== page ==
Senior NBA reporter for Yahoo Sports, Vincent Goodwill, spilled much of the behind-the-scenes details from the Bulls’ opening loss postgame happenings. After initially being defined as a “players-only meeting” mainly by social media and reporters, things have since been cleared up by coaches and players alike. Zach LaVine has made some vindictive claims about Chicago and their expectations for this season, but the undertone seems aimed at one party. Is there a changing of the winds happening behind closed doors, and whose name is getting closer to the chopping block?
“We Gotta Make This Click”
Zach LaVine, DeMar DeRozan, and Nikola Vucevic each have at least two All-Star selections in their careers and three combined nods during their tenures with one another. With only one playoff win as a trio and a sub-.500 overall record, the clock is ticking on this experiment. All three have mentioned already this season that they understand the business end of basketball and the failure of cohesion in this unit, and having each been traded during their respective NBA careers, this is not a foreign topic to them.
All three have gotten off to a rocky start in 2023 and have not yet found their stride alongside one another in their third season together.
LaVine has three games over 20 points, including a career-high of 51 and two other showings of 16 or less. In two outings, he’s a combined 12-of-22 from three-point range, while in the other three games, he’s shot just 3-of-21 from deep.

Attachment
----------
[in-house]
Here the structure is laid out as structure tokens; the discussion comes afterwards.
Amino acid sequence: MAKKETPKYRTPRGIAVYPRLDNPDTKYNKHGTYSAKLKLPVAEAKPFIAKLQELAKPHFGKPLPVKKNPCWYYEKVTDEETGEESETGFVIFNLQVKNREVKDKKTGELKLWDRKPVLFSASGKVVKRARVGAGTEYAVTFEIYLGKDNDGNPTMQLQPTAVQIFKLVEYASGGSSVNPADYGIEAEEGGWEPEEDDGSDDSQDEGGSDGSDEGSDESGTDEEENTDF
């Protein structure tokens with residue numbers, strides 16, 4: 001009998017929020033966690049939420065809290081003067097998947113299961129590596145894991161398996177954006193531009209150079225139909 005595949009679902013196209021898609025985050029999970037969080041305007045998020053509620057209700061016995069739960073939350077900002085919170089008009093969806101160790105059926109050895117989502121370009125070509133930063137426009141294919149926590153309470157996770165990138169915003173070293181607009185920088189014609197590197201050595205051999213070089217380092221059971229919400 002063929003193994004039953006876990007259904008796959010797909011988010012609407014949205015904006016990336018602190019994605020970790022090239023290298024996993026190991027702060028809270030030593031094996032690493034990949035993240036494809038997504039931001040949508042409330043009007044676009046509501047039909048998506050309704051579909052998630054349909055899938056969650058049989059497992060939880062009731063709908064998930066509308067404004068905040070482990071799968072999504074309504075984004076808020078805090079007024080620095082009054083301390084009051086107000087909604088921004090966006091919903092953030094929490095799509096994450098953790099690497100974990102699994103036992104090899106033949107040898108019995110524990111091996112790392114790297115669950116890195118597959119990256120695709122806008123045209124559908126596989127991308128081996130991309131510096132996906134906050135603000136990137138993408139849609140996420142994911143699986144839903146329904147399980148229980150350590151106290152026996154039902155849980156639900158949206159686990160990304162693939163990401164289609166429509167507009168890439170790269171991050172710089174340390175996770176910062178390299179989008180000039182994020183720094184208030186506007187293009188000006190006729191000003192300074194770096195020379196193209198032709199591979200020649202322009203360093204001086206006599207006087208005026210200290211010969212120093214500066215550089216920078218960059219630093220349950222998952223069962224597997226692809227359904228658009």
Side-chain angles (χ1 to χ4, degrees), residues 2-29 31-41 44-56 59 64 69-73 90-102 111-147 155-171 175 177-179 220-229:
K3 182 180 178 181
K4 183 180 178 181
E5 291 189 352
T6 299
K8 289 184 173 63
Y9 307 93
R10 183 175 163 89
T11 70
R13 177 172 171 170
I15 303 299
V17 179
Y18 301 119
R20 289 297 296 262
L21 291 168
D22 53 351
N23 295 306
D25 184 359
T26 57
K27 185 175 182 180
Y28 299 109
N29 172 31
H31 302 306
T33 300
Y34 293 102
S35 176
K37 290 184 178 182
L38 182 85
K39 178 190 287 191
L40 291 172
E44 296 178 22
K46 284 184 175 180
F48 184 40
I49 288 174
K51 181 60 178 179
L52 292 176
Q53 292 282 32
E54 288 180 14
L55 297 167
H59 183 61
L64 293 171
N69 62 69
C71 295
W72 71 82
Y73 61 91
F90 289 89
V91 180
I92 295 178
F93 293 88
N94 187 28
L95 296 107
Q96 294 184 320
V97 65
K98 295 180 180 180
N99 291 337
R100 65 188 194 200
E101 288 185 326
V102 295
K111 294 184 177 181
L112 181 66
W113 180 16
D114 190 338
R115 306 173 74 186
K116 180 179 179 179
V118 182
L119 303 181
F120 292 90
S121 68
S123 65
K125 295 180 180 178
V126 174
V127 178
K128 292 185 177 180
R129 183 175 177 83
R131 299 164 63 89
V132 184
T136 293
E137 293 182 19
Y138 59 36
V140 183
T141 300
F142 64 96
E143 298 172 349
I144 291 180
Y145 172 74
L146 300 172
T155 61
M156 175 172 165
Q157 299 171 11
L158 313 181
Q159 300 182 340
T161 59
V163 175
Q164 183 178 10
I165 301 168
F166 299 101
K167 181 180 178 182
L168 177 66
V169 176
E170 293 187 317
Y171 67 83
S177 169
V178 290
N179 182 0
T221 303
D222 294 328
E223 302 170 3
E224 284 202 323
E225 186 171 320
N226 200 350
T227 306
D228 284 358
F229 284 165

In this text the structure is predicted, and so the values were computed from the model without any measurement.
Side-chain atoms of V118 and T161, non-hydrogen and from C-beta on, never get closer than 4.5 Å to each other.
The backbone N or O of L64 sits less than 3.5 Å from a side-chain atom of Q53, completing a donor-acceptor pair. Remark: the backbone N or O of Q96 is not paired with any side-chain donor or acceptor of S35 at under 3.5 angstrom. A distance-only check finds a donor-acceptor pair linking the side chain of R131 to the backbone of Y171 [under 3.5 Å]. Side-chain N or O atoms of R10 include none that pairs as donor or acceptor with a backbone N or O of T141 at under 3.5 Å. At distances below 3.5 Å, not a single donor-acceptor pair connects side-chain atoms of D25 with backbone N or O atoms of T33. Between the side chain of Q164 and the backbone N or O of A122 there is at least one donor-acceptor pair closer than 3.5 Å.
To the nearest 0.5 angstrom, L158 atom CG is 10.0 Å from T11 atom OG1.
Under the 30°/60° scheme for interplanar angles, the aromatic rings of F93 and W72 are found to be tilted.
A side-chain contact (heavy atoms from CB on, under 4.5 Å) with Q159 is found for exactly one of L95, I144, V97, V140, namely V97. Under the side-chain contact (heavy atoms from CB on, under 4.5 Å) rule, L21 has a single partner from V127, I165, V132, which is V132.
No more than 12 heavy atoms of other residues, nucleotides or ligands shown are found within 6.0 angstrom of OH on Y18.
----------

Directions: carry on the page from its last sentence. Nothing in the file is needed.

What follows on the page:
Vucevic has tallied 45 points and 37 rebounds over his last two games, but in the three previous, he only stacked up 34 points and 25 rebounds.
DeRozan’s inconsistencies are from an efficiency standpoint. He’s steadily scored 20 or more in four of his five games but only shot 50% or better from the field in two. His fourth-quarter scoring continues to drag Chicago to the finish line of close games.
Mixed Reviews On Donovan
Much of the backlash is seemingly falling on Billy Donovan, who many think is not deploying Chicago’s big three to maximize their individual talents while still contributing to one another’s strengths. Patrick Beverley, signed late last season as a lifeline for a postseason push, was quick to Donovan’s defense.
LaVine, on the other hand, seems to be leaning toward assigning Donovan the blame for the early dysfunction of the group. His constant raves about fellow former All-Star teammates Vucevic and DeRozan are pretty indicative that he believes it’s the fault of someone outside of that trio. His unfiltered response to the players-only meeting stirrup was resonating.
Regardless of how the locker room feels about Donovan, he’s got the organization’s support and was recently inked to a multi-year extension that kicks in this summer. While Chicago’s record hasn’t reflected much success, they’ve constantly been a top defensive unit in the league and have been on the brink of playoff contention every year he’s been with the Bulls. The history of head coaches being fired in Chicago doesn’t side with Donovan, who’s nearing the lowly winning percentage and playoff absence count that sent each of his previous predecessors packing.
A significant change is brewing in Chicago if this season isn’t a success, will it be Donovan or key players who head for the door?